The first step in determining appropriate treatment is to take the sick goat's rectal temperature. Body temperature tells you which way to proceed. Fever indicates infection or inflammation. Example: A newborn with "weak-kid syndrome" will have sub-normal body temperature that requires a different treatment regimen from a kid running a fever caused by an infection. Without taking rectal temperature, you might misinterpret visual symptoms, wrongly diagnose the cause of the problem, and medicate the goat improperly. The animal may die because of incorrect treatment. See my article entitled Diagnosing Illnesses in Goats on the Articles page at www.tennesseemeatgoats.com.
A significant temp is anything over 104.5 in kids and anything over 104 in adults.
If high fever is present, it must be brought down quickly. Fever-reducing medication and appropriate antibiotic therapy must be started immediately. If the illness has progressed far enough, the goat may try to sit down, moan with discomfort, then immediately stand up, because fluid has begun to accumulate in the lungs and abdomen and its kidneys are shutting down. A goat in this condition probably cannot be saved but I always try until efforts prove futile. A goat that wants to live can overcome amazing obstacles. But once the lungs fill with fluid, survival is unlikely. If I cannot save it, I do the humane thing and euthanize the goat to stop its suffering.
Baby aspirin can be used. Treat kids with at least one baby aspirin and adults with at least three baby aspirin. Do not use other pain relievers, such as Advil, Aleve, Tylenol, etc. --- only baby aspirin. Baby aspirin is not an equivalent or desirable alternative to Banamine, so buy a bottle of generic Banamine (flunixin meglumine) from your vet and be prepared.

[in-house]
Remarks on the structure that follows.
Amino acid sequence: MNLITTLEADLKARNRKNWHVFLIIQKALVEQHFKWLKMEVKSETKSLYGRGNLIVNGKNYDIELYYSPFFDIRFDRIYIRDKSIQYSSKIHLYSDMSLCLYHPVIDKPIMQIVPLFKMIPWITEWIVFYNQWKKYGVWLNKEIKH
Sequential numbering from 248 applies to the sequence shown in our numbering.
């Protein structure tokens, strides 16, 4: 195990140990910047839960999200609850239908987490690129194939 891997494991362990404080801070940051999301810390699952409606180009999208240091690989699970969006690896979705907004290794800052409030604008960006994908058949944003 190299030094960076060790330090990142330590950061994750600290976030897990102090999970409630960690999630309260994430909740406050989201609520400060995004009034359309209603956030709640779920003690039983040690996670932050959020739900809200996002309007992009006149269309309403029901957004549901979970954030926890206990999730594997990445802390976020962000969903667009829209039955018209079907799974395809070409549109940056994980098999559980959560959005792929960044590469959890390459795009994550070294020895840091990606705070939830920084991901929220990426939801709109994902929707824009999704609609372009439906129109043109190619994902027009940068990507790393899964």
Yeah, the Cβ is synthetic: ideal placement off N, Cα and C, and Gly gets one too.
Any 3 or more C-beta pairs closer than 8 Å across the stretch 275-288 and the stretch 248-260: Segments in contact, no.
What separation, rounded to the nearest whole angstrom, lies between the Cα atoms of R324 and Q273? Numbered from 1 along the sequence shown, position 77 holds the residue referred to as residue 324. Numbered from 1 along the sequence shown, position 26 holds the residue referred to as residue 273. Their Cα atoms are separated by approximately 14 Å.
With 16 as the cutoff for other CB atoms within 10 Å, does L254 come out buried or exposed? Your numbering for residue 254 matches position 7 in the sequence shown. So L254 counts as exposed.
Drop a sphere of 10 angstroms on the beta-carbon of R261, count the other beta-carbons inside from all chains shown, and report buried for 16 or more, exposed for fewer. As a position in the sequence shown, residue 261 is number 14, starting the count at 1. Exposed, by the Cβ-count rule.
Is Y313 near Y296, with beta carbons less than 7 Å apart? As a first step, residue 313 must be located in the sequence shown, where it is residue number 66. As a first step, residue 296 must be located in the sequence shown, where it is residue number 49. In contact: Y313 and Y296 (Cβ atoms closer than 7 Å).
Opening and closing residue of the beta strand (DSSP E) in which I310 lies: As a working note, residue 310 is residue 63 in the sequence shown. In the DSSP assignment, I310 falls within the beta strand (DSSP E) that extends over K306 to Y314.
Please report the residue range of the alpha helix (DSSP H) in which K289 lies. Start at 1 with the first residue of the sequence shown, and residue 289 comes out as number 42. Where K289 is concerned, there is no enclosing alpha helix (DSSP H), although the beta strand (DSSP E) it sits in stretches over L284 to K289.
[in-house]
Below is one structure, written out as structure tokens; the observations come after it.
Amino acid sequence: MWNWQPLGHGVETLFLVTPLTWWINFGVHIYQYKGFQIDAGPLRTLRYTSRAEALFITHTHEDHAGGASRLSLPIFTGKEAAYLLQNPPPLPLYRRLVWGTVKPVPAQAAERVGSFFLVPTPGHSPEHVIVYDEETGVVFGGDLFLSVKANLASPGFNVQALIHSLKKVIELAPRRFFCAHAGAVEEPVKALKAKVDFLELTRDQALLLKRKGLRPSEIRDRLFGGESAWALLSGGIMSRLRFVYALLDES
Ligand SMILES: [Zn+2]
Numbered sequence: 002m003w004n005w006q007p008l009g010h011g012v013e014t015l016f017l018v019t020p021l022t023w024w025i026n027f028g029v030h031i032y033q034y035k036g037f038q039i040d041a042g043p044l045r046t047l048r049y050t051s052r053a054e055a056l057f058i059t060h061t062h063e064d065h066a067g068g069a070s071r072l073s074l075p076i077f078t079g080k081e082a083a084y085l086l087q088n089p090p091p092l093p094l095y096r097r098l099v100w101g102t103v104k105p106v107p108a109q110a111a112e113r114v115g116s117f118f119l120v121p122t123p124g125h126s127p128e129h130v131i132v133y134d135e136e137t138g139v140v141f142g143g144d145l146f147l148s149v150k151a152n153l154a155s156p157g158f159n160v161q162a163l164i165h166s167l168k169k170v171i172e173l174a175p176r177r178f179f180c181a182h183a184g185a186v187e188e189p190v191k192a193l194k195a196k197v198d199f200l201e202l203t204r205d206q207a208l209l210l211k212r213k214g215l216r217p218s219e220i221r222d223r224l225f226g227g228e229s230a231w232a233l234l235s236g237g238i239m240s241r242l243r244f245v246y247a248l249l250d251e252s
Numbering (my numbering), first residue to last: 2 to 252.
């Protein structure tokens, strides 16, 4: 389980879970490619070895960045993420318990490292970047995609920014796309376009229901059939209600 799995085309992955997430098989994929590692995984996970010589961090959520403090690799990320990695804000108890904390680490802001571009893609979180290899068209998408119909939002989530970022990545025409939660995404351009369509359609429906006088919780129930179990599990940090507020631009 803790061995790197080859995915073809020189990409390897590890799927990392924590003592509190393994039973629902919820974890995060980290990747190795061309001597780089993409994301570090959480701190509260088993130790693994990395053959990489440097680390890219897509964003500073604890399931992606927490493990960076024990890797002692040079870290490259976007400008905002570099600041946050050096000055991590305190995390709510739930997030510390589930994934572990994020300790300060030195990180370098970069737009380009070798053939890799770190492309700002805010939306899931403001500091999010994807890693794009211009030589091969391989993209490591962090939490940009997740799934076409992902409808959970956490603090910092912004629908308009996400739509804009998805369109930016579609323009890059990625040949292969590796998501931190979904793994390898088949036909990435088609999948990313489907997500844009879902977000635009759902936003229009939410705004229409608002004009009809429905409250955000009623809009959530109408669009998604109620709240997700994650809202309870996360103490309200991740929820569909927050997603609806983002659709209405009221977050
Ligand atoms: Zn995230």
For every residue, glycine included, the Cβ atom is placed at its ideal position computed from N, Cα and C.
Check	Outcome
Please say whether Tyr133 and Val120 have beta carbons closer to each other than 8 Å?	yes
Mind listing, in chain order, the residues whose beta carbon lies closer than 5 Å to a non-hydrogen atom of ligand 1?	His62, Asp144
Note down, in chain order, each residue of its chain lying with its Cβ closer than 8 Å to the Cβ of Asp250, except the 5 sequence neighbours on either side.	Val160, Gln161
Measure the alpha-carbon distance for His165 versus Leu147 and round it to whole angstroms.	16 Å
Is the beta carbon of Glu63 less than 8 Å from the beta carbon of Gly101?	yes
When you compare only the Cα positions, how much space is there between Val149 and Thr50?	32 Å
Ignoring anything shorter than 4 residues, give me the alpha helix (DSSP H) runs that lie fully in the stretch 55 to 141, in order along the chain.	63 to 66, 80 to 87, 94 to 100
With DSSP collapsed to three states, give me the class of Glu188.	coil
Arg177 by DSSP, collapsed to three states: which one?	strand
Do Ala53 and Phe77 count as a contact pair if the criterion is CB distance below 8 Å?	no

Keep a supply of prescription medications on hand for emergencies. Nuflor, Nuflor Gold, and Excenel RTU are excellent antibiotics for respiratory illnesses and do not require refrigeration. These thick liquids must be administered through an 18-gauge needle into the muscle (IM) to get into the bloodstream quickly. Use a luer-lock syringe so that the needle does not blow off the syringe. Always carry prescription Epinephrine when giving injections in case of anaphylactic shock. Nuflor should be injected daily for five consecutive days at a dosage of 3 cc's per 100 pounds bodyweight. Nuflor Gold, which provides some protection against mycoplasma that Nuflor does not have, should be dosed at 6 cc's per 100 pounds bodyweight for five consecutive days. Minimum dosage for a newborn kid is 1/2 cc. Nuflor Gold is my antibiotic of choice for adult goats with respiratory illnesses. All antibiotics used with goats must be dosed for five consecutive days. Remember that we goat raisers have to use almost all medications off-label/extra-label, so label dosages aren't correct for goats.